The average exerciser works out about 2 hours a week equating to around only 100 cal/day!   Yet, for the average 150 pound woman, walking 3 mph a day burns around 263 calories. But wait, that doesn’t mean you have to take a daily one hour walk. The results of many micro-movements throughout the day yield big returns! This kind of movement, coined by Dr. Levine, is called NEAT – Non Exercise Activity Thermogenesis, and it is a vital key to being trim and healthy!   Exercise is defined as ‘bodily exertion for the sake of developing and maintaining physical fitness’, like taking an exercise class, playing tennis, or lifting weights. Working out for 2 hours a week may make you feel like you are doing things right, but those results may be countered by too much sitting, and therefore yield negligible results metabolically. But those with higher rates of NEAT have less risk of cardiovascular disease, diabetes, obesity, and other chronic illnesses.   Simply put, sitting reduces the muscle’s ability to break down fat molecules in your blood, drastically decreasing your metabolic rate. Sitting for just 2 or more hours a day decreases your good cholesterol, and increases risk of cardiovascular disease, depression, certain cancers, and Type 2 diabetes. The risk increases significantly for each additional hour spent sitting.   For men, a 2006 study found that for every 6 hours they sit, their risk of all cause death increased by 20% over those who sat for 3 hours or less. And women fair far worse, as those who sit for more than six hours a day die at a forty percent higher rate than those who get more movement.   Our bodies were simply not designed to sit all day. If you watch children, you will see the natural biomechanics of how our bodies were created to rest. This looks like a squat. Butt down, knees splayed as they play in the dirt, their joints are supple and flexible in ways at which we look longingly from ‘this side of life.’ But it’s not just getting older that keeps our joints from bending, squatting, and moving like kids, it’s because we start sitting. A lot. And therefore lose the built-in mechanisms that allow us complete freedom of movement.   But now for the good news! There are many things you can do to get in that NEAT movement:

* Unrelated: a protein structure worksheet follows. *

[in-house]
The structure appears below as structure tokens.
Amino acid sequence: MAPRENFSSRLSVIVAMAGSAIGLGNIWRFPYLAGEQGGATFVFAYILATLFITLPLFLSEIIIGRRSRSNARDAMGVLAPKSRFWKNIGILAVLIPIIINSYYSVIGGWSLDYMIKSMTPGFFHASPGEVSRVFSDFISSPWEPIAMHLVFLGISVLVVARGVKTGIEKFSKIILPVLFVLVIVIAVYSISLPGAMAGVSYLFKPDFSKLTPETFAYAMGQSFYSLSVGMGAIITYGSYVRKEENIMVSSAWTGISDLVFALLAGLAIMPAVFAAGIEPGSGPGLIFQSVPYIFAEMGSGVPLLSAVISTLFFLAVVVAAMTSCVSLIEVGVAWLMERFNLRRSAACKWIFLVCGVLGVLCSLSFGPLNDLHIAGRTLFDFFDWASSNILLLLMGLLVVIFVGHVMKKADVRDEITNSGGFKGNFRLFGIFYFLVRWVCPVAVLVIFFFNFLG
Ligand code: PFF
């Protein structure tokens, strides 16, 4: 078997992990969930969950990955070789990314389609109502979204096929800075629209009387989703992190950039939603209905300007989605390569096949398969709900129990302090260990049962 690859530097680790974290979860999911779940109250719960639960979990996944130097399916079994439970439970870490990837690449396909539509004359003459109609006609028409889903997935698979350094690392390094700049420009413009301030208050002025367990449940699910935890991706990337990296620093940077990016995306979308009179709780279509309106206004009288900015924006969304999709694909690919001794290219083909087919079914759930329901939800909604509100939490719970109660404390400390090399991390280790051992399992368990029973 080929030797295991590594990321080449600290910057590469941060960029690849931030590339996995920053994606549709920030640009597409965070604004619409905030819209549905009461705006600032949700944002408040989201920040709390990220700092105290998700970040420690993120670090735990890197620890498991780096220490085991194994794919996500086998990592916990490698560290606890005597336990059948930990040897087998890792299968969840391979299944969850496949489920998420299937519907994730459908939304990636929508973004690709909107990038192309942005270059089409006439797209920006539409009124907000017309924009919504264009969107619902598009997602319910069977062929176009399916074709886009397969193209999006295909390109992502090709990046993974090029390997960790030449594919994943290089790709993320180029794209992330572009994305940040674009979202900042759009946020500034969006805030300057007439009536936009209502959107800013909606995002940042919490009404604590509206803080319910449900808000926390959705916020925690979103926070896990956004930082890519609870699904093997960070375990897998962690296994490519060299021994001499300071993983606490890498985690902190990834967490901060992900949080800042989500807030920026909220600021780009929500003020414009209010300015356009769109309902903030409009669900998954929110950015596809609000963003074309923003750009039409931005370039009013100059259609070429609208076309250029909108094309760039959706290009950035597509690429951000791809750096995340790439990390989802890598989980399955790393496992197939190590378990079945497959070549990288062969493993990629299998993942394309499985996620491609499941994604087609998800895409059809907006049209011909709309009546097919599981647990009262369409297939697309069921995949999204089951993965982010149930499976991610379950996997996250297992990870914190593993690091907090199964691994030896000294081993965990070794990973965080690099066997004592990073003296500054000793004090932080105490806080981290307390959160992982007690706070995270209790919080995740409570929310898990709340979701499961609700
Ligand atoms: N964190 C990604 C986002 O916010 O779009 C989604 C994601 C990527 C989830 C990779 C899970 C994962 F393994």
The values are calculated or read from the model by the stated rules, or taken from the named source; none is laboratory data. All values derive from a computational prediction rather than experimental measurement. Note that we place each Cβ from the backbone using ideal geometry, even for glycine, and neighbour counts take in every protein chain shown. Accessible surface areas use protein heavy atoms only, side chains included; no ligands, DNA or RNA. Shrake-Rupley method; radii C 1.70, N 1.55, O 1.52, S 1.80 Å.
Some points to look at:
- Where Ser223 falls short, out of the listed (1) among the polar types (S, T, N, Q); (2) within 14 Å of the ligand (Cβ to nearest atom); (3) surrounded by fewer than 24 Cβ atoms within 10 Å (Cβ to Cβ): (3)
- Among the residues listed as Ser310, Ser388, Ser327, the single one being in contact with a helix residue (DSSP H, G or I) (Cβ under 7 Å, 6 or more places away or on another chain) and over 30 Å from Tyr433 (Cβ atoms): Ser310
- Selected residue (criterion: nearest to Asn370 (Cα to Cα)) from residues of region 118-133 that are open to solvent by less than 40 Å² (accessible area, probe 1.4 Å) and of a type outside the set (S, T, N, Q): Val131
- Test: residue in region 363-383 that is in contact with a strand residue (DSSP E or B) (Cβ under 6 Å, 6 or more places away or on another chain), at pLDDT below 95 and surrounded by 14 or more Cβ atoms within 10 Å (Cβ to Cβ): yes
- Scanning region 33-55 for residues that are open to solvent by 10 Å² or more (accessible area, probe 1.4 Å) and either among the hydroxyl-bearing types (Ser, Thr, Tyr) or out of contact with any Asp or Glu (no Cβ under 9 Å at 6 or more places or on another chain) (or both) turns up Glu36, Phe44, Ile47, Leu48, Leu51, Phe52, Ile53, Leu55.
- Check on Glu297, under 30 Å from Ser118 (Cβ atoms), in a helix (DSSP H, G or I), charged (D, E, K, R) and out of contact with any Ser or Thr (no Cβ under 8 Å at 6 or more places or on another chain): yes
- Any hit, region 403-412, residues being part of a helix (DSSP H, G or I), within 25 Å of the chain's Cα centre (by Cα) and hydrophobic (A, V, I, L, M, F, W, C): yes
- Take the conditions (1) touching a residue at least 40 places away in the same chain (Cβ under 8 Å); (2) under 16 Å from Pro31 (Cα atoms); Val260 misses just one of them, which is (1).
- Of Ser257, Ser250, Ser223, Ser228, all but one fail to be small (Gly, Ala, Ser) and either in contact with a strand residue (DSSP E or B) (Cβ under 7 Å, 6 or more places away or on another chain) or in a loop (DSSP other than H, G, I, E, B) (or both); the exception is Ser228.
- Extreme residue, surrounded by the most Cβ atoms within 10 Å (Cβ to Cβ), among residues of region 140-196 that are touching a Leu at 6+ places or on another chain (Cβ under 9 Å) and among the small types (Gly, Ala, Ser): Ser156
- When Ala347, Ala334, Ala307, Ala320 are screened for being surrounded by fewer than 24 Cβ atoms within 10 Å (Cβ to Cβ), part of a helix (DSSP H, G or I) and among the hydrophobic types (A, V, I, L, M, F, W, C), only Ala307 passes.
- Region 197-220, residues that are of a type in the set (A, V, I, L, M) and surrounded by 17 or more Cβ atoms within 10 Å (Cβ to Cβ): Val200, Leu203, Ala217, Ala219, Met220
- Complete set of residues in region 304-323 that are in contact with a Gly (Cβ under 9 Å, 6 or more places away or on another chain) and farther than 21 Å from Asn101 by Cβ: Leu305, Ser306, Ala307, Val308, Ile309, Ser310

• Chores
  • Fidgeting
  • Pacing
  • Gardening
  • Cleaning
  • Standing
  • Bouncing on the balls of your feet
  • Frequent trips to the water machine
  • Shopping (It's good for you. There, I said it!)
  • Walking your dog
  • Stretching
  • Bouncing on a ball (Try it instead of a chair.)
  • Washing your car
  • Swinging your legs
These are all micro-movements we can fit into our days that can account for as much as 800 extra calories in a day! And, they can allow you to regain that flexibility in your joints. Motion is lotion and movement breeds healthy connective tissue. Not only that, but those who move more have less back, neck, hip, and knee pain than those whose daily NEAT is higher. Are you seeing the beauty here? Movement is free! Medication is not.   The average office worker takes 5,000-6,000 steps a day. Increase this to 10,000 and you’re looking at another 211 calories…a day. That adds up, girls! This is where activity trackers shine. Many women tend to be very goal-oriented so having that 10,000 step mindset per day can make a difference in a much more robust caloric deficit!   Tip: Set your phone or tracker to notify you every 20 minutes to move! Get up, stretch, and take a few steps before getting back to work.   A couple recommendations for things you can purchase to easily get more movement in besides an exercise ball to replace with your chair is a bouncy band you can find HERE.  And more expensive but WAY cool is a fidget bar that you can put under your desk found HERE.   So, in deconstructing the research and data, what we can take away is that your NEAT activity not only counts for the majority of calories you expend over exercise alone, it also goes far in increasing overall health of the heart, lungs, muscles, and body composition. Bottom line: Exercise to build strength and cardiovascular endurance, but move throughout the day for overall health and longevity.   Spending less time on your butt = a healthier, fitter you. Time to move!

Lisa and Team

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